Climate change has exacerbated the challenges of many individuals, particularly those who are living with disabilities and chronic health conditions. Therefore, addressing climate change is not only essential in preserving the future of our global environment but will also determine the long-term health impacts of the world’s most vulnerable populations.
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Climate change and health
Climate change, which is also referred to as global warming, is considered to be one of the greatest threats to public health. Over the past 50 years, human activities, particularly those that involve the burning of fossil fuels, have led to a significant rise in greenhouse gas (GHG) emissions. The increased presence of GHG and other gases like carbon dioxide (CO2) in the environment causes heat to be trapped in the lower atmosphere, thus resulting in higher global average temperatures and inevitable changes to both environmental and human systems.
There are several ways in which climate change can impact health. For example, an extreme rise in ambient temperatures has been directly linked to deaths, particularly in the elderly, from both cardiovascular and respiratory diseases. As temperatures rise, the levels of the ozone and other pollutants can subsequently increase, which also further exacerbates these health conditions.
Climate change has also been found to increase the frequency and intensity of weather-related natural disasters. Each year, these disasters are responsible for over 60,000 deaths worldwide, many of which occur in developing nations. These extreme weather events also destroy homes, medical facilities, and other essential services, all of which can increase the risk of a wide range of health effects on the affected population.
More recently, clinicians around the world have recognized climate change as an additional social determinant of health (SDOHs), alongside factors such as food insecurity, violence exposure, poverty, structural racism, housing instability, and immigration-related stressors. Like these other SDOHs, climate change has also been found to worsen health, increase healthcare costs, disproportionately impact vulnerable populations, and exacerbate the effects of other SDOHs.
Thus, although all populations will inevitably be affected by climate change, certain populations will be more vulnerable to its effects than others. Children, particularly those living in poor countries, are considered to be the most vulnerable population to the health consequences of climate change.
Some documented effects of climate change on child health include worsening of asthma and allergies, physical trauma from disasters, the development of mental health conditions like posttraumatic stress disorder and anxiety following natural disasters, a lack of clean water and food, as well as an increased risk of getting exposure to infectious diseases.
The elderly and people with comorbidities are also expected to experience more severe health effects of climate change.
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Global social medical approaches to mitigate climate change
One of the most important ways in which healthcare providers can address the health impacts of climate change on their patients is by implementing an environment-focused approach to their practices.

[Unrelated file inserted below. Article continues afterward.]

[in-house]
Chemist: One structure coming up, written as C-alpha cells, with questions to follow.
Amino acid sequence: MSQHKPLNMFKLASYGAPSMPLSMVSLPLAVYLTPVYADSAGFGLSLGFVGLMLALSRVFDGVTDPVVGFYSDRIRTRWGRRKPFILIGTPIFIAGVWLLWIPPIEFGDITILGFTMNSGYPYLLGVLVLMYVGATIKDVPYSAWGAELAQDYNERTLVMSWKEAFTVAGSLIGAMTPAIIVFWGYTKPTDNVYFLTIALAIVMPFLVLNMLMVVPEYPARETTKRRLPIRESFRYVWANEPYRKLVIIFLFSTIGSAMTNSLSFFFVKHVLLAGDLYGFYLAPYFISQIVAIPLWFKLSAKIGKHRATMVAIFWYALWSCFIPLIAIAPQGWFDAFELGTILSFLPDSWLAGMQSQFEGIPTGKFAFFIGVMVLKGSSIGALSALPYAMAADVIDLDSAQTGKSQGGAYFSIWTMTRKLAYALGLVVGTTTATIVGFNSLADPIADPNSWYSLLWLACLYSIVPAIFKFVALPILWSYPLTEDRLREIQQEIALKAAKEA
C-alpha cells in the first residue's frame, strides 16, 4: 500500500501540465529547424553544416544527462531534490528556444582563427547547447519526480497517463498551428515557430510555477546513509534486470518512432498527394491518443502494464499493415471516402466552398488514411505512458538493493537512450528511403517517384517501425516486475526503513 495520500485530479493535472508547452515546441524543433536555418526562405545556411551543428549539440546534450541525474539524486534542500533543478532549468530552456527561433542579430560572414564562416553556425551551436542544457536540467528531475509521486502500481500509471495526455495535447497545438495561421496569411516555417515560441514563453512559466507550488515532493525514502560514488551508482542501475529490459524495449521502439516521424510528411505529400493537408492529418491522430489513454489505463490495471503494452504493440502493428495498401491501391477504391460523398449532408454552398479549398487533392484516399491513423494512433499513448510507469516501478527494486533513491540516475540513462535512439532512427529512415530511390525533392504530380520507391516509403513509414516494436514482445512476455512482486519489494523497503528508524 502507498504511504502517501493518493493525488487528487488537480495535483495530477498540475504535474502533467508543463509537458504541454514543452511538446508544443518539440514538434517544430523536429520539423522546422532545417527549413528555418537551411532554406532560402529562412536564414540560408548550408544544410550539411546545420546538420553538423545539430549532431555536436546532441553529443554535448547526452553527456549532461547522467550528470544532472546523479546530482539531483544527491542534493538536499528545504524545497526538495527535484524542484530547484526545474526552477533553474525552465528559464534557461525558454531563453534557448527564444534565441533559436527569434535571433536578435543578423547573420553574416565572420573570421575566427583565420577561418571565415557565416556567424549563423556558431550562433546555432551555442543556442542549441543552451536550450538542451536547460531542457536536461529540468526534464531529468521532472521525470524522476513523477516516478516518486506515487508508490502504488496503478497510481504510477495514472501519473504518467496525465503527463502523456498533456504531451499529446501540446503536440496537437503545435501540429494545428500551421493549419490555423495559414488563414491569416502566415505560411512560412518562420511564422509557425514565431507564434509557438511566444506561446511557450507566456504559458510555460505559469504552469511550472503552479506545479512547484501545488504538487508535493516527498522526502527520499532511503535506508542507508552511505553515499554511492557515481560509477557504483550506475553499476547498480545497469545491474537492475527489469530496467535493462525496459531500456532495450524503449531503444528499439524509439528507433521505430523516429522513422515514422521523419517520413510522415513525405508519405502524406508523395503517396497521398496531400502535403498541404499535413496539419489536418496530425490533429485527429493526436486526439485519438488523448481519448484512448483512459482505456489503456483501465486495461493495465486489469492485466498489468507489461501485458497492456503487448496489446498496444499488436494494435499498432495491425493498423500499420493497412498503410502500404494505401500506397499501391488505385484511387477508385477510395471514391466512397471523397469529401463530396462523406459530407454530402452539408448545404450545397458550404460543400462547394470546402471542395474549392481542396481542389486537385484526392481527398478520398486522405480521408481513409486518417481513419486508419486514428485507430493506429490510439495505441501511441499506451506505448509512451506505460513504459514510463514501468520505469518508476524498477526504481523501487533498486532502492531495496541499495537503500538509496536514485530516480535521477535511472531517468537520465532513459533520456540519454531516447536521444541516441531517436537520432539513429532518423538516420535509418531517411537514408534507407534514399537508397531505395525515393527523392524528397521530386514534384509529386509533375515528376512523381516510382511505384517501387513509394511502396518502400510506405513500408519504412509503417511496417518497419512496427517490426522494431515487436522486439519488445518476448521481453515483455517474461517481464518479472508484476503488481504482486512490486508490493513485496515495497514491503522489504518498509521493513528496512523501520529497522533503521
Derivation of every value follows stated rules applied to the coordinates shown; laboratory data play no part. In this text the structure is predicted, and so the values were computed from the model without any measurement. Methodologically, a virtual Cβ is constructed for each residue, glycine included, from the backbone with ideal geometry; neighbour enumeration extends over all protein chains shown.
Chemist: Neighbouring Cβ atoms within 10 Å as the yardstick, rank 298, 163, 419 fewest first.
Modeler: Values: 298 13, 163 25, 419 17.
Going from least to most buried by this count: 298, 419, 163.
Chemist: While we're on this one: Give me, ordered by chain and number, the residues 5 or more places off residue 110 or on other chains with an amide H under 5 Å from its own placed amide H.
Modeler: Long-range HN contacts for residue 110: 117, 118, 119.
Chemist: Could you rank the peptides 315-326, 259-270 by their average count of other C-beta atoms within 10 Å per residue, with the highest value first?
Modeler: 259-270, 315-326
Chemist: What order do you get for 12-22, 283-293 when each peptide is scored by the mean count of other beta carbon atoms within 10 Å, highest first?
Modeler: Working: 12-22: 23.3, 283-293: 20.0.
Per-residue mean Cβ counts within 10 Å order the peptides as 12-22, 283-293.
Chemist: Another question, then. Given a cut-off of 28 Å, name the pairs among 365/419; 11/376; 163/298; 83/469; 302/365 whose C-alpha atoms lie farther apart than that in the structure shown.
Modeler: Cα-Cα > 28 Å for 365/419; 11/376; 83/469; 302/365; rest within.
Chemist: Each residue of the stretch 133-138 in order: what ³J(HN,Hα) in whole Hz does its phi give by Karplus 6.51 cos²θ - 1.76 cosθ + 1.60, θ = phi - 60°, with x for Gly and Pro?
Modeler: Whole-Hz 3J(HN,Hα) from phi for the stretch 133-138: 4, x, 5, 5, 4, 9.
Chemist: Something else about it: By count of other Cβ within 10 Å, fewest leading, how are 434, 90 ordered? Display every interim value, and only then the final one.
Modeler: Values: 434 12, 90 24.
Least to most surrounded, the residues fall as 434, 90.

Clinicians who are caring for individuals who are living in communities that are marginalized by racism and poverty, for example, should recognize the increased risk of these individuals to the effects of climate change. Within the United States, structural racism and segregated development have left Black, Latinx, and Indigenous populations to often live in flood-prone neighborhoods and areas that are exposed to air pollution, industrial chemical, and other toxic threats. Taken together, clinicians should be aware of these conditions and monitor any patients who are residing in at-risk areas.
Since climate change can have profound impacts on the health of individuals and their families, those affected by the effects of climate change must have access to tangible resources. In addition to a family community, these resources can include but are not limited to, access to banks, pharmacies, and power grids, all of which can become fragile in the event of a natural disaster.
Clinicians treating patients who reside in areas that are at a greater risk of natural disasters and are exposed to environmental toxins should therefore educate these populations on disaster preparedness. This will require disaster planning and mitigation strategies that not only focus on ensuring the survival of affected populations but can also preserve essential caregiving networks.
It is also critically important that healthcare providers collaborate with a wide range of professionals to support the health and prosperity of their patients. These professionals can include climate scientists, clean energy leaders, community-based organizations, behavioral health specialists specializing in environmental-related mental health, and policymakers. Ultimately, these conversations can not only emphasize the impact that climate change has on vulnerable patient populations but can also increase the incentive for reducing GHG and CO2 emissions for the betterment of society.
- Climate change and health [Online]. Available from: https://www.who.int/news-room/fact-sheets/detail/climate-change-and-health.
- Adams, V., Garcia, S., & Jones, D. S. (2021). Climate disasters and global social medicine. The Lancet 398(10301); 656-657. doi:10.1016/S0140-6736(21)01000-X.
- Ragavan, M. I., Marcil, L. E., & Garg, A. (2020). Climate Change as a Social Determinant of Health. Pediatric 145(5). doi:10.1542/peds.2019-3169.